Undergraduate students present robot design at Towards Autonomous Robotic Systems (TAROS) conference

The significance of TAROS

TAROS is a UK peer-reviewed conference on robotics which is held annually at different universities within the UK. It allows students, researchers and industrialists to come together to share their discoveries in the field of robotics, and to look towards developing the technology of the future.

“Being able to attend and present at conferences such as this is great for students to gain further perspective into the industry and to develop their skills and experience.

“Competition is high to take part, with speakers usually leaning towards postdocs and PhD students, so we were delighted when two of our MEng (Hons) Robotics students, Rebecca Harding and Charles Freestone, had the opportunity to speak in 2019 – the 20th anniversary of the conference.”


Dr Ian Howard, Associate Professor Computational Neuroscience, School of Engineering, Computing and Mathematics

Taking part in TAROS by Rebecca Harding

<p>Final-year MEng (Hons) Robotics students, Rebecca Harding and Charles Freestone presenting at the 20th TAROS conference<br></p>
<p>Final-year MEng (Hons) Robotics students, Rebecca Harding and Charles Freestone presenting at the 20th TAROS conference<br></p>

Our route to the conference

The pathway to the conference for Charles and I began when we created a spherical robot designed to withstand impacts, as part of our module on robotics masters. 

The robot is able to traverse difficult terrains, go up an incline and survive falls and impacts. We think a robot designed this way could be used in the application of demining. The robot is cheap to create, so it could be produced in large numbers to provide a safe and cost effective way of detonating land mines.

Once we had completed this project, our lecturer for Advanced Robot Design, Dr Martin Stoelen, suggested submitting the work to the TAROS conference. We wrote a paper about the robot, it was accepted, and we were invited to take part in the three-day conference at Queen Mary University of London.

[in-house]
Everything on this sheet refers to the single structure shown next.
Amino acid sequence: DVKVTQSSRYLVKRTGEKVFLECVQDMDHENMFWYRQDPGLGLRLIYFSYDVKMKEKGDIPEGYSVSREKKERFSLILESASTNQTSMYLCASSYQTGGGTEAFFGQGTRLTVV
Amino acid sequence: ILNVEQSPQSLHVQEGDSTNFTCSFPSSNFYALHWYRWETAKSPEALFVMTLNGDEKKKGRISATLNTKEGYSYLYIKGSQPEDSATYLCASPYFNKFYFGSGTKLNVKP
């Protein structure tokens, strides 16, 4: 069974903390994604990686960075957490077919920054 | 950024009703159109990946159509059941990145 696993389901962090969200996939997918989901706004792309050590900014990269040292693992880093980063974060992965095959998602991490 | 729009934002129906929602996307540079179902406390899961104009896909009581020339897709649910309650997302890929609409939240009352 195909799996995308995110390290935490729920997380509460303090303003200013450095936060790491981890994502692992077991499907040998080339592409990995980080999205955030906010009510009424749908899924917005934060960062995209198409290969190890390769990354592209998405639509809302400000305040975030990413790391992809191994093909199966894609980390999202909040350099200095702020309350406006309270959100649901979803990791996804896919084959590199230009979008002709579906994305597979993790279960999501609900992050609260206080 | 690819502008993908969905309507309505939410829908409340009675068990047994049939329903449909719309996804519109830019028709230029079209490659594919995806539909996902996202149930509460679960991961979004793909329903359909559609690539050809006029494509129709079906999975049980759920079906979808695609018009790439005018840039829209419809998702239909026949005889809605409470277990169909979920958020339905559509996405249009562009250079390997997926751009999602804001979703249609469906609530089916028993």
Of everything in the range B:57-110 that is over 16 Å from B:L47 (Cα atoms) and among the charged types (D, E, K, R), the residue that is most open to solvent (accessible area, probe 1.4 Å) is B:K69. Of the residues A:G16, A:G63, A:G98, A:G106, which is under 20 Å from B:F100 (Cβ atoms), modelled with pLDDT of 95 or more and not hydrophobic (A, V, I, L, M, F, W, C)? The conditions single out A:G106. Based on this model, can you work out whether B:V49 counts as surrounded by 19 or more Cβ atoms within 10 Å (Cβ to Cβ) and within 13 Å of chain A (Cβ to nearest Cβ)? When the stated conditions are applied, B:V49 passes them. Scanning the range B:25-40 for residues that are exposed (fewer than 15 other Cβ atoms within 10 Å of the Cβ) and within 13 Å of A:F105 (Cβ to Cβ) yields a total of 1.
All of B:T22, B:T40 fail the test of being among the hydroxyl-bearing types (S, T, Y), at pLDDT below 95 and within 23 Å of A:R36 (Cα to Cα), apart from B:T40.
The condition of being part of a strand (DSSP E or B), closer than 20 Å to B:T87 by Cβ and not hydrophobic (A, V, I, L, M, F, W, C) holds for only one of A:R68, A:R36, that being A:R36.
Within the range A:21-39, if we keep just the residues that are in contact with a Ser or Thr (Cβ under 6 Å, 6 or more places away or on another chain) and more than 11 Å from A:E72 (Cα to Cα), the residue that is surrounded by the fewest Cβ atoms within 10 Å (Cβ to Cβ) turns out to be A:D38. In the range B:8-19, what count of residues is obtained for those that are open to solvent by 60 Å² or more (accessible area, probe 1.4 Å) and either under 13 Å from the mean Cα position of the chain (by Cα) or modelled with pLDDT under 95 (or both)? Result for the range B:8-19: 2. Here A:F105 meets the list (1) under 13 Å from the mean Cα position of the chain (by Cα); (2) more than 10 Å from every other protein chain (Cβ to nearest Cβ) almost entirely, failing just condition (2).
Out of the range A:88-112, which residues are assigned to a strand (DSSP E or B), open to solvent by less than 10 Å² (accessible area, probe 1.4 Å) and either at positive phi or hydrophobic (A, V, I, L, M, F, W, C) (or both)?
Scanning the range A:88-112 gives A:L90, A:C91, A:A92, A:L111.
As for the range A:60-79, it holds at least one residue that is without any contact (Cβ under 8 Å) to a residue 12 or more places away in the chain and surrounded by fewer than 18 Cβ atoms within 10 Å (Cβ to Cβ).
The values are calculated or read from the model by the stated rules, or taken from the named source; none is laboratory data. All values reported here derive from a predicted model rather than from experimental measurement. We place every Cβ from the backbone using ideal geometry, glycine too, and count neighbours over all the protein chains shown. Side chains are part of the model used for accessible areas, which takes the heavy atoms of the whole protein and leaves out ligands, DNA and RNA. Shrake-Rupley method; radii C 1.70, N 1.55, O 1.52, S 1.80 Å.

Our talk

Our talk detailed the application for the robot, how we designed it and why the design features included were beneficial. We spoke about the testing we had undertaken and the results we obtained. Plus, looking ahead to possible future work, such as producing a swarm of these robots.

We presented to an audience of fifty-plus, which included a few masters students and lots of PhD students and researchers in the field of robotics. Charles and I had twelve minutes to present using PowerPoint slides and there was a three minute question and answer session.

Benefits of the conference

As well as the talk itself, there were valuable networking breaks and lunches, in which some people asked us for more information on our robot. The hope is someone could choose to develop our work further and perhaps one day an improved version of our robot could actually be used in demining.

I enjoyed talking to others about their research and learning from them. I have stayed connected with some of them, which could be useful in the future.

This experience has boosted my confidence and public speaking skills. 

I was quite nervous before the talk, due to the large number of people and the fact that most of them are undertaking or have completed a PhD, but afterwards I felt very proud of myself. 

I would feel much more comfortable if I was asked to do the same thing again now.

Talking at TAROS will look very good on my CV and it is definitely an experience I would talk about a lot in interviews.

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Rebecca Harding and Charles Freestone presented at TAROS conference, 5 July 2019

 

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Providing an extra year of insight and training, your learning will be informed by robotics research pushing boundaries worldwide led by our very own teaching staff. You’ll build technical and managerial skills that you can put into practice daily, through a final group project that will set your course for success when you graduate.

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